Wednesday, June 08, 2005

Board backs work of candidates' mom

The electoral board said it had seen no evidence of improprieties by Willie Mae Kilgore.

GATE CITY - Scott County's Electoral Board gave a vote of confidence Tuesday to registrar Willie Mae Kilgore, who has been accused of having a personal interest in this year's election for governor and state delegate.

Kilgore, the mother of twin politicians Jerry and Terry Kilgore, was asked last week to step down. Kilgore should resign "to avoid the appearance of impropriety" raised by her office's involvement in this November's election, attorney Gerald Gray wrote on behalf of former newspaper publisher Rex McCarty, who is challenging Terry Kilgore for his seat in the House of Delegates. Former attorney general Jerry Kilgore is seeking the Republican nomination for governor in next week's primary. But after discussing the matter behind closed doors Tuesday, the electoral board, which oversees the registrar, said it had seen no evidence of improprieties by Willie Mae Kilgore and saw no reason to ask for her resignation.

The board "is not aware of any instances of actions that have occurred during our tenure that raise any questions about the integrity of the general registrar's office or the current electoral process," Chairman James Fred Bishop read from a statement released after the 45-minute closed session.

"Therefore, the electoral board has confidence in the current electoral process and the operations of the registrar's office."

In addition to Willie Mae Kilgore's family relationship to the two candidates, Gray also raised the issue of last year's disputed town election in Gate City. State police are investigating allegations of absentee voting abuses in that race.

Although the workings of a rural registrar and a small-town election scandal normally would not draw much attention beyond the county line, Willie Mae Kilgore's relationship to the presumed Republican candidate for governor has added an extra dimension to the controversy.

After the meeting, Kilgore said she had no intention of giving up the job she has held since 1979.

But according to McCarty, the matter is far from resolved.

McCarty noted that the board was careful to say it had seen no problems during its tenure. All three members have served for less than a year, following the resignations of the previous board that was in office at the time of the Gate City election.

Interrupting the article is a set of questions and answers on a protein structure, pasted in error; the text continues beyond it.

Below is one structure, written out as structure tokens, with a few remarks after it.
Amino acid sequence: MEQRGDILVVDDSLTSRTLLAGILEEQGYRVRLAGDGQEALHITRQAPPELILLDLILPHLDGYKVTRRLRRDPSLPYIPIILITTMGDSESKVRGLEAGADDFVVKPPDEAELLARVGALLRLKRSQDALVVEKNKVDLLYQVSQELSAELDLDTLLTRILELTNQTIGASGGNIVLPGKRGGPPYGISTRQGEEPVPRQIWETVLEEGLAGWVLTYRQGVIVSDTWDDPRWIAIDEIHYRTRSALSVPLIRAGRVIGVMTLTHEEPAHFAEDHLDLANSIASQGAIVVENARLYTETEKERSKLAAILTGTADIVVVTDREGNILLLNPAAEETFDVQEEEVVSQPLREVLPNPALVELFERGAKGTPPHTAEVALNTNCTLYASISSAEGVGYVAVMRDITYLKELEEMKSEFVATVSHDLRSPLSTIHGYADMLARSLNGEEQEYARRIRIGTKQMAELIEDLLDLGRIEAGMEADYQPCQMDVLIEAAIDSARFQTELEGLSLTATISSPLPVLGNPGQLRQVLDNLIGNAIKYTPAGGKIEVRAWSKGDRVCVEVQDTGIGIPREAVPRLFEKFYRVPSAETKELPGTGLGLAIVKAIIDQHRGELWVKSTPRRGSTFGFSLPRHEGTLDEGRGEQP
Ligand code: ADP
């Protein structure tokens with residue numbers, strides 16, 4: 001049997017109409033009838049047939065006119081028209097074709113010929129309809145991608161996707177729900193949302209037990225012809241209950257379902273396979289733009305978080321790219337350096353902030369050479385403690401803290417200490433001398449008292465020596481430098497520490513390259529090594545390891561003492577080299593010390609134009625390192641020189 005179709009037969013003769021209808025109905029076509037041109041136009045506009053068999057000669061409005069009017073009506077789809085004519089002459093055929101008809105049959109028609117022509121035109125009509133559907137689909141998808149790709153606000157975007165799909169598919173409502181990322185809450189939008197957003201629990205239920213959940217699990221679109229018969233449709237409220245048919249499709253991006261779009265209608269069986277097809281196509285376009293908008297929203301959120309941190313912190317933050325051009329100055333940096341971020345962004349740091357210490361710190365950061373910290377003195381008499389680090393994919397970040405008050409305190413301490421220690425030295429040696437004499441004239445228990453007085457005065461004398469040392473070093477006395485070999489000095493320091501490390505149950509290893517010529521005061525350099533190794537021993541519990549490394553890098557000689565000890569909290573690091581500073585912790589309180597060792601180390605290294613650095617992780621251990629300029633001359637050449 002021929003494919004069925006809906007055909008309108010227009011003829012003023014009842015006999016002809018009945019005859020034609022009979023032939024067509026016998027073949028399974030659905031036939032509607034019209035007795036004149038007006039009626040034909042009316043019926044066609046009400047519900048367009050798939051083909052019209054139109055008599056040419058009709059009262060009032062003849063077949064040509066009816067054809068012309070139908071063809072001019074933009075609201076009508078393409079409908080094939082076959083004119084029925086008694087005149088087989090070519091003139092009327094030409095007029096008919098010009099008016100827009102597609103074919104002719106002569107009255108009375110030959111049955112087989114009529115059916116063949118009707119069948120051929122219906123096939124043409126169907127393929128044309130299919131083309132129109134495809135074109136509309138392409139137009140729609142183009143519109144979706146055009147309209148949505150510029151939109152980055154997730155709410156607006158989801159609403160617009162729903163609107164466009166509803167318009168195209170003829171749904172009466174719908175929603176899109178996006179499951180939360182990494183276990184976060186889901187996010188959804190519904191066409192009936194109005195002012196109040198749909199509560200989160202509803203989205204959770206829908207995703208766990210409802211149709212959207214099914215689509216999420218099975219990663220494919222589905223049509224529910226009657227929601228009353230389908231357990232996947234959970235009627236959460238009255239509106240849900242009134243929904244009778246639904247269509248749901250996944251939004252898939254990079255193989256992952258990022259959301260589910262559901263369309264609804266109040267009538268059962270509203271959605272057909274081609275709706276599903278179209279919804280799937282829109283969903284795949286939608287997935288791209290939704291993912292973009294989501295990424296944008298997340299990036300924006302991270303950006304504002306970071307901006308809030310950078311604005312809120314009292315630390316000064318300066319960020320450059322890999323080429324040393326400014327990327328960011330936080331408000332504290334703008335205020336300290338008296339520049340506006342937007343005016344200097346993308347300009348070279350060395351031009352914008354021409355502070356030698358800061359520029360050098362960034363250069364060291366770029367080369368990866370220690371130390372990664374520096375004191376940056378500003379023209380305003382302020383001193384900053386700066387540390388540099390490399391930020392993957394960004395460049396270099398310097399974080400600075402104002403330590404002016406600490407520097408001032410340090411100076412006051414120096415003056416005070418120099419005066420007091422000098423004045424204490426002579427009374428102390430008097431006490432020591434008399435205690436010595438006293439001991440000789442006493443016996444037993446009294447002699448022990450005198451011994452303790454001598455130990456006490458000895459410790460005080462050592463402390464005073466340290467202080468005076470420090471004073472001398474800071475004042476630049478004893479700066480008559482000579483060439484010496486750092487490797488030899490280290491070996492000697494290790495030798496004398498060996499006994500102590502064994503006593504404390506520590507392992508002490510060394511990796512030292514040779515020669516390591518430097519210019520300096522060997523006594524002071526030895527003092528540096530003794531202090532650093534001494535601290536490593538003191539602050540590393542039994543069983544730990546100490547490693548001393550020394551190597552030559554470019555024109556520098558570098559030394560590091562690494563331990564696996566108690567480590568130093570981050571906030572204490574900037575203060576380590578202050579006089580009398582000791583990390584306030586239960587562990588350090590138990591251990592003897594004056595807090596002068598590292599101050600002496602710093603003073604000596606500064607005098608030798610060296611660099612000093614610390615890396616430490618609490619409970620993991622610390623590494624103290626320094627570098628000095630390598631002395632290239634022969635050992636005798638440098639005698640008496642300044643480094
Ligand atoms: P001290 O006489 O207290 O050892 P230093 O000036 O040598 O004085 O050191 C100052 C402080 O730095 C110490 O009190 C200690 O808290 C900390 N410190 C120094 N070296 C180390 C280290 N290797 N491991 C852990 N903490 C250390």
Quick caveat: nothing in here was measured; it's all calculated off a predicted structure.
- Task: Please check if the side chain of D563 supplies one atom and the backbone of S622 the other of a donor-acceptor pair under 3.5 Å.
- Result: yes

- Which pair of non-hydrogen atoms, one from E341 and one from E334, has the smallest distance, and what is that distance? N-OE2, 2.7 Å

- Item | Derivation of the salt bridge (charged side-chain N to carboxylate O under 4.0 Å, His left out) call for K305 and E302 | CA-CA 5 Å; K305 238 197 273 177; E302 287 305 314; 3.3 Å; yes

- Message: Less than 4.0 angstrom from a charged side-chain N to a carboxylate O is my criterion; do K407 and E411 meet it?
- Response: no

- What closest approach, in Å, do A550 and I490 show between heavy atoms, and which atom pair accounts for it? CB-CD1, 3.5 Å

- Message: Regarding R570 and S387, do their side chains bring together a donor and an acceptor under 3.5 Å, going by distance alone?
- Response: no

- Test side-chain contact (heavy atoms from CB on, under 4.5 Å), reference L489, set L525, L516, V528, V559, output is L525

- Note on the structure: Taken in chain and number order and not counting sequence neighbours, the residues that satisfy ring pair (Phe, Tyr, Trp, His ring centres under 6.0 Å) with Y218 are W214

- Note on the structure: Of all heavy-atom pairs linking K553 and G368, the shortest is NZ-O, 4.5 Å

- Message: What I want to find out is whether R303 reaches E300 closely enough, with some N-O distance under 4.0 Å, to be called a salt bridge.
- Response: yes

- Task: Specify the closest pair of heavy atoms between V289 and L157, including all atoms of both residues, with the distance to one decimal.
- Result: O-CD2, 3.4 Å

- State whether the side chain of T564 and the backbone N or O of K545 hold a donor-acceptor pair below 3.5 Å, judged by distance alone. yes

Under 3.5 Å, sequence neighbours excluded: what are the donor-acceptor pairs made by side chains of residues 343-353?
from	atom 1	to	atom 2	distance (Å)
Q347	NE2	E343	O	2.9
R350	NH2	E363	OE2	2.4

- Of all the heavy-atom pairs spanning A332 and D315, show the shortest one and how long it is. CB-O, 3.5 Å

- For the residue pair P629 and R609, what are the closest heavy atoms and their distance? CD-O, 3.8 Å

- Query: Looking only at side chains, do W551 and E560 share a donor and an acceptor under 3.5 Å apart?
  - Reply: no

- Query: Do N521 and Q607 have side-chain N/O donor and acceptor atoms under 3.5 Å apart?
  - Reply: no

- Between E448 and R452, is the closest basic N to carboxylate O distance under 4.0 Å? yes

Mark Jenkins, who lost the mayor's race by two votes, challenged the May 4 election in court. Among other things, Jenkins claimed that some candidates aggressively recruited absentee voters and coerced their support.

Although a three-judge panel did not cite problems with the registrar's office, it found enough improprieties to throw out the election results. A new council appointed by the judges named Jenkins mayor.

Both Jenkins and McCarty have said the registrar's office bears responsibility for what went wrong in the election. McCarty said he never expected Willie Mae Kilgore to heed his call to resign, but he made the request anyway to draw attention to what he considers a vital public issue.

"Under no circumstances am I attacking their mother," McCarty said in response to claims that the controversy has been calculated to damage the political fortunes of the Kilgore twins. "I'm simply saying the registrar isn't doing her job."

Although both McCarty and Terry Kilgore attended Tuesday's meeting, neither addressed the board.

Afterward, Terry Kilgore said he is troubled by his opponent's tactics.

"I hate that Mom's been brought into this," he said. "I think this is just more politics and posturing than anything."

If McCarty makes his mother's actions as registrar a key part of his campaign, Terry Kilgore said he's ready to respond. "We'll deal with it by saying, 'Let's talk about the issues,'" he said. "I think the voters want to hear from the candidates, not about family members and allegations that are unproven."

In last week's letter asking Kilgore to resign, Gray wrote that it's probably not unusual for a registrar to be related to a candidate, especially in the most rural areas of the state. But with two sons on the ballot and a previous election under investigation, Kilgore is in a unique position, Gray said.

Regardless of the number of close relatives they might have on the ballot, it's not illegal for a registrar or an electoral board member to remain in office during the campaign, according to Jean Jensen, secretary of the State Board of Elections in Richmond.

Although Jensen received a copy of Gray's letter, she said her office will not get involved in the matter.

"I couldn't tell you how many, but sprinkled across the state there are a number of registrars and electoral board members who have close relatives who hold public office," Jensen said. "They take an oath to conduct the duties of their office in accordance with the law."

Meanwhile, the question of whether any laws were broken during the May 2004 town elections in Gate City remains under investigation.

Botetourt County Commonwealth's Attorney Joel Branscom, who was appointed special prosecutor in the case, has said he hopes to decide sometime this summer whether to file charges.